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Protection of Freedoms Bill

Part of Resource Extraction (Transparency and Reporting) – in the House of Commons at 8:32 pm on 1st March 2011.

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Photo of Naomi Long Naomi Long Alliance, Belfast East 8:32 pm, 1st March 2011

Let me start by welcoming the broad thrust of the Bill, which has much to commend it. I believe that the protection of civil liberties, privacy and personal freedoms is incredibly important and is a fundamental building block of a democratic society, but it must be sensitively balanced against the need to provide security, safety and public confidence, which is where the debate hinges. As I said in an intervention, I am a volunteer with young people—an adult leader in Girlguiding—and I am particularly interested in the proposed changes to the vetting and barring scheme, on which I shall focus my remarks.

I agree entirely with the Home Secretary that we do not want to place unnecessary barriers in the way of people who wish to volunteer. Many youth organisations depend almost entirely on people who are willing to give freely of their time to benefit our young people, and those volunteers often find themselves caught up in an incredibly intrusive situation that can be a bureaucratic nightmare and incredibly off-putting. I hope that the Home Secretary agrees that our primary concern as we try to resolve those issues must be the safety and protection of young people and vulnerable adults. If there is a balance to be struck, the emphasis and greater weight must be on protecting the vulnerable; it is incredibly important that we do not lose sight of that. We must therefore proceed with a degree of caution as we try to change those protections and we should recall the context in which they were introduced. The earlier comments of Mr Straw greatly assisted us in recalling some of the incidents that led to the introduction of the protections, their very serious nature and the public outcry that surrounded them when people felt that children were not being adequately protected from predatory adults.

Although no one would question the need to redress the balance, given that the pendulum has swung almost too far in one direction, we need to be careful not to take it too far in the other direction, but instead try to find some sensible balance. Most people would welcome simplification of the system—for example, a system of vetting and barring that would allow clearance in one role to be carried forward into other roles, rather than repeated checks being carried out on the same individual.

However, if that is to happen, the detail of the Bill poses a challenge. People would still be checked only for the immediate role that they would be fulfilling and would not be able to carry those checks with them. That has not been addressed, but it is important to people who work with young children.

One of my concerns arising from reading the Bill is that if someone working in a non-regulated activity displays behaviour that would cause concern—behaviour which, were that activity regulated, could lead to their being barred—it is not clear that that would trigger a referral to the Independent Safeguarding Authority or to barring. My concern is that that individual could later move into a regulated activity, and young people would be left vulnerable.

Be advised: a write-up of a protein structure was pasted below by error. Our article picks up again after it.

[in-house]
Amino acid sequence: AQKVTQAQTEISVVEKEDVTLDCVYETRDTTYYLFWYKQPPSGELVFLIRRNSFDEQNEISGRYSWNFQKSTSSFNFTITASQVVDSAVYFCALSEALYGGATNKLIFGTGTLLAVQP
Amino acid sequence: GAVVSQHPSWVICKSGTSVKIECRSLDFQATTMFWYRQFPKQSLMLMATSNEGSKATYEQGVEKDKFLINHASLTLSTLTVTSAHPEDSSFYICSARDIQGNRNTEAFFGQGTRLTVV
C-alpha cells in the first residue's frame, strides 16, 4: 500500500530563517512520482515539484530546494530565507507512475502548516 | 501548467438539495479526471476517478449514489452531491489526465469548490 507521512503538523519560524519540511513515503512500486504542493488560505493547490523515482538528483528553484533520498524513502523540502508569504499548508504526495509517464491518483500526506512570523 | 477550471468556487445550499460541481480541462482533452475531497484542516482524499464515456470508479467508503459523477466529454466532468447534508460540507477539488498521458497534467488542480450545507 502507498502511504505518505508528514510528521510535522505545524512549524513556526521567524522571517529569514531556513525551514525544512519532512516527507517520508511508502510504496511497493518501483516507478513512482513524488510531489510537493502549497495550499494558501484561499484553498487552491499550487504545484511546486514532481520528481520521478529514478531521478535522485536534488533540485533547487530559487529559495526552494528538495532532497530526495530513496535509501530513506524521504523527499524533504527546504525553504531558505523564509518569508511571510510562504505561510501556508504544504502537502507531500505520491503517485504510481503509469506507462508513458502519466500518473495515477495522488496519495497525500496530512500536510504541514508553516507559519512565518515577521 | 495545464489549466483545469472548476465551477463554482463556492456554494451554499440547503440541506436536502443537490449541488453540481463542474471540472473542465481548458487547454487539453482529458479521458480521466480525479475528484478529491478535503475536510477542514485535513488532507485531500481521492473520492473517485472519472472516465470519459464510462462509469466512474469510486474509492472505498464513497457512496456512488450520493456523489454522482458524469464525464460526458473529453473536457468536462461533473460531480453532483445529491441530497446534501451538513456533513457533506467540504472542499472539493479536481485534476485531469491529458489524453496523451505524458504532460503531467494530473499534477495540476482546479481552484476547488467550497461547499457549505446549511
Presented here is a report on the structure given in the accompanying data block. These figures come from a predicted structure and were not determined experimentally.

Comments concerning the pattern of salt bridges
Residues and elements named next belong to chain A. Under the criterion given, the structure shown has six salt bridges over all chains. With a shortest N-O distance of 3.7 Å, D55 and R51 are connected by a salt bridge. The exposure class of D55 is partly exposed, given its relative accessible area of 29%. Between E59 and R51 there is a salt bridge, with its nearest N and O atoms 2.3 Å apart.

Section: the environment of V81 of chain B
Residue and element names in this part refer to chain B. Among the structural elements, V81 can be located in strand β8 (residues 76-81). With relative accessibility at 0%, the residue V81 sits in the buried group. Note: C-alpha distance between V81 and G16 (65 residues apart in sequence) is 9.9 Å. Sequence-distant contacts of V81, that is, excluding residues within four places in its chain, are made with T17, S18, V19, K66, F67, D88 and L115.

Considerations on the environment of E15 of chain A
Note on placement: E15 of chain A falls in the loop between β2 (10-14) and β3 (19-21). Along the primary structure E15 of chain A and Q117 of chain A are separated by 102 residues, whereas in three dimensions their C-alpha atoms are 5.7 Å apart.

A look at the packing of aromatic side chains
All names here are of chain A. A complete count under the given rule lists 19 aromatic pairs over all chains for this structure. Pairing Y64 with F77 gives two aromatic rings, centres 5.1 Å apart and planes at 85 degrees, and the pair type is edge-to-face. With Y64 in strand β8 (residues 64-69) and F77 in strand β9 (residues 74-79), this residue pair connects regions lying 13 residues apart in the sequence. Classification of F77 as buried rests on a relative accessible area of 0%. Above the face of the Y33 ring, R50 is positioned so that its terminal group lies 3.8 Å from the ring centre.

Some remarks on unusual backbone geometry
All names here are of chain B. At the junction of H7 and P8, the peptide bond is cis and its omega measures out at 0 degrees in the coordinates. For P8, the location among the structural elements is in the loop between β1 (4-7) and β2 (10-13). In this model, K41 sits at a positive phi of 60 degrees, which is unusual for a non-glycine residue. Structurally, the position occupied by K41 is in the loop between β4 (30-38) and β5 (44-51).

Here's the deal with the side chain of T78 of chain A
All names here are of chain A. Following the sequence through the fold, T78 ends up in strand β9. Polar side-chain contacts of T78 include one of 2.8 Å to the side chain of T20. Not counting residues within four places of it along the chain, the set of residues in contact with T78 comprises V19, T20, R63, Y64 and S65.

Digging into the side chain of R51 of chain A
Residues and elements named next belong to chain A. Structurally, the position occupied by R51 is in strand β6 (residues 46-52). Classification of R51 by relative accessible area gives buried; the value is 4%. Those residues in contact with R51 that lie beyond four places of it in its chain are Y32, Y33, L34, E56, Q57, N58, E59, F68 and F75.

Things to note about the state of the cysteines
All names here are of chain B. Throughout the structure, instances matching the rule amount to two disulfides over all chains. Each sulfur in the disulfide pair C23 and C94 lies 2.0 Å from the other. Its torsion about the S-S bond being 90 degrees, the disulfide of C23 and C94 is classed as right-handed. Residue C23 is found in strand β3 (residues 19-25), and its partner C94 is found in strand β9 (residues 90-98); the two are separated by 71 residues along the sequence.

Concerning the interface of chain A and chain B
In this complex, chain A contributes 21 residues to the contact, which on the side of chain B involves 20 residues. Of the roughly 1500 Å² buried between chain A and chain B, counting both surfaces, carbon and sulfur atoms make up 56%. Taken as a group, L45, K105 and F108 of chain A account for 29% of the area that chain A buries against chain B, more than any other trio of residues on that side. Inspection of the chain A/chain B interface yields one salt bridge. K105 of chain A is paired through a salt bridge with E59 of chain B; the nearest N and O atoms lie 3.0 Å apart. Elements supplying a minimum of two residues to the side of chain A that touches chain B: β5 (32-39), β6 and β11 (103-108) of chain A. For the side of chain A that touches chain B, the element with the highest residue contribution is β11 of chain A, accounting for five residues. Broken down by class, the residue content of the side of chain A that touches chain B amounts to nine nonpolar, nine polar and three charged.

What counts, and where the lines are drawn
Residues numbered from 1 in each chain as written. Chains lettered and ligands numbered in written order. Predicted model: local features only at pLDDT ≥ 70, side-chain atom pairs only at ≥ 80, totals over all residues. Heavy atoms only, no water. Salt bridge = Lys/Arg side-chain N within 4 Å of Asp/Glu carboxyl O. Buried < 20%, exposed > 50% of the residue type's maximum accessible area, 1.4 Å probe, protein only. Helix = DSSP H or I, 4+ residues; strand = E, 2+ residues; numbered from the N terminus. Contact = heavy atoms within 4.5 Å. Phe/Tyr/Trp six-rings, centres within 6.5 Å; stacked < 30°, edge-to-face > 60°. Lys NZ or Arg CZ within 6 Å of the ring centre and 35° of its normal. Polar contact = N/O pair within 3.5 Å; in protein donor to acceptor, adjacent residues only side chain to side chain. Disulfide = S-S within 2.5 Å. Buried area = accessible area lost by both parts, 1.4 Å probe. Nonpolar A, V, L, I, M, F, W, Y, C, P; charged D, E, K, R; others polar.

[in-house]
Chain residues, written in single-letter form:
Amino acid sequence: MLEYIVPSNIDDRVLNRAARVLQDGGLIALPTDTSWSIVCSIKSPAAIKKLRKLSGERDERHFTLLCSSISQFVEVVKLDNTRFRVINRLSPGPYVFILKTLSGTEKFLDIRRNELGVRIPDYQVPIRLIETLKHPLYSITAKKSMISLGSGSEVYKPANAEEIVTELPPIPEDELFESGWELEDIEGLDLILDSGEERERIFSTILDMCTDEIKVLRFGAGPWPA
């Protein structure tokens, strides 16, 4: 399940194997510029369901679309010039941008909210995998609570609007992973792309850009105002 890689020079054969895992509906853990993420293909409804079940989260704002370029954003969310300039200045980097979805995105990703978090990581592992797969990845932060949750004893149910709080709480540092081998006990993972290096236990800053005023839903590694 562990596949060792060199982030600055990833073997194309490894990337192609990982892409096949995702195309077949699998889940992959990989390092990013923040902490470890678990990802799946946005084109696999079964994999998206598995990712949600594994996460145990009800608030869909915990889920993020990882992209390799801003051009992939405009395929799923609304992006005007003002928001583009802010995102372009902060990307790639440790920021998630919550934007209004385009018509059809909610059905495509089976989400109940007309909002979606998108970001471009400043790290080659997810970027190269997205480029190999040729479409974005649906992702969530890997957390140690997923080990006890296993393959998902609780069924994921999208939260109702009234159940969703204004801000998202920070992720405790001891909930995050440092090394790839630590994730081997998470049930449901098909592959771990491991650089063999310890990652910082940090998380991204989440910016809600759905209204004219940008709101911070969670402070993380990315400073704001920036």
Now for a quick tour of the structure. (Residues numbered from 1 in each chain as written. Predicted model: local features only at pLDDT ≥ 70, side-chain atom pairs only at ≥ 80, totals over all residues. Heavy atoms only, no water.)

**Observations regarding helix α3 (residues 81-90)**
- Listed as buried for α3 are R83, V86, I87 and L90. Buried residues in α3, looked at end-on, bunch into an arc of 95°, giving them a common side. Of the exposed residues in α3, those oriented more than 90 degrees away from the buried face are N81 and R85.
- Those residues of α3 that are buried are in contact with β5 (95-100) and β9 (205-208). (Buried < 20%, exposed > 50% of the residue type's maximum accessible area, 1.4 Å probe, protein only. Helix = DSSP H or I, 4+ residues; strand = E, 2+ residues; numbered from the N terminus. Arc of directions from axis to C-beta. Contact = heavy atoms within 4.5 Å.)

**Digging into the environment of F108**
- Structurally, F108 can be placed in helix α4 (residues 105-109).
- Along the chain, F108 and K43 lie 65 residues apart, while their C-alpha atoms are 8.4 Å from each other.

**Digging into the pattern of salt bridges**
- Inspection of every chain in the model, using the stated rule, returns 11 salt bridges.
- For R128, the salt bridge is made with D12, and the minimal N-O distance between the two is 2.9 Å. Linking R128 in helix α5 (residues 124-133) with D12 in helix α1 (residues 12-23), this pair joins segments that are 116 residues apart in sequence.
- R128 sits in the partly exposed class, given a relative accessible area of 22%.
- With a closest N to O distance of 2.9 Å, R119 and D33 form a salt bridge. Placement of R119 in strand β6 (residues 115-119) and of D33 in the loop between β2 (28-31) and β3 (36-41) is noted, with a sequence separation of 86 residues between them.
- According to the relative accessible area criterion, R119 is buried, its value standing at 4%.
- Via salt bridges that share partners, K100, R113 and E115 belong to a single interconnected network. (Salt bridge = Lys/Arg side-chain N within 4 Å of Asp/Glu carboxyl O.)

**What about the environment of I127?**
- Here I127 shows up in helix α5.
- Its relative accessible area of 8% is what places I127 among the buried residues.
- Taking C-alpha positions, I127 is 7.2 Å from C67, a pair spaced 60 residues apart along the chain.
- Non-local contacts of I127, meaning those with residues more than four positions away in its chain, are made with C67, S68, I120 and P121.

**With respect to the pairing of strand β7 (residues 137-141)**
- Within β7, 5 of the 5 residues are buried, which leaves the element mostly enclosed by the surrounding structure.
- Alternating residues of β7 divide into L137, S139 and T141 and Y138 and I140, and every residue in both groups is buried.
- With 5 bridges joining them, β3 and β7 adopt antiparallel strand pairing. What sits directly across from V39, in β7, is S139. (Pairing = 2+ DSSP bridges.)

A further area of concern to me is the treatment of 16 and 17-year-olds in the context of the Bill. The changes proposed appear to remove some of the protections afforded to 16 and 17-year-olds in matters of sport, faith and education. The young people with whom I work directly are aged 14 to 25 and therefore include that group. Despite the fact that they are entering adulthood, they are still young and vulnerable and they still require protection as children. They appear to fall into some kind of gap between regulated activity for children and the vulnerable adults provision in the Bill. I seek reassurance from the Home Secretary that that grey area will be clarified. We do not want children of 16 or 17 to become easier prey for predatory adults.

Finally, I want to examine the relationship between the Bill and what will happen in Northern Ireland. At present, with respect to vetting and barring schemes, England, Wales and Northern Ireland operate within a single framework. The reforms set out in the Bill are not proposed to be extended to Northern Ireland. The mix of responsibilities between the Department of Justice and the Department of Health, Social Services and Public Safety would largely cover the areas encompassed by the vetting and barring scheme. It would be a matter for the Executive and the Assembly whether or not to extend that to Northern Ireland by a legislative consent motion or an Assembly Bill, if they choose to do it.

However, there is significant merit in the Home Office pursuing with the devolved Administration every opportunity to maintain the common approach that currently exists, as that is one way to maximise protection for young people throughout the country. We would not want to see the protection reduced, and the Assembly would have the right, if it considered that the Bill would reduce protection, to go its own way on these matters. During the Bill’s Committee stage and beyond, it is important for the Home Office to listen carefully to the concerns that are raised and to work closely with the devolved Administrations so that we can achieve a UK-wide consensus on this serious issue and maintain the common framework that has served us well.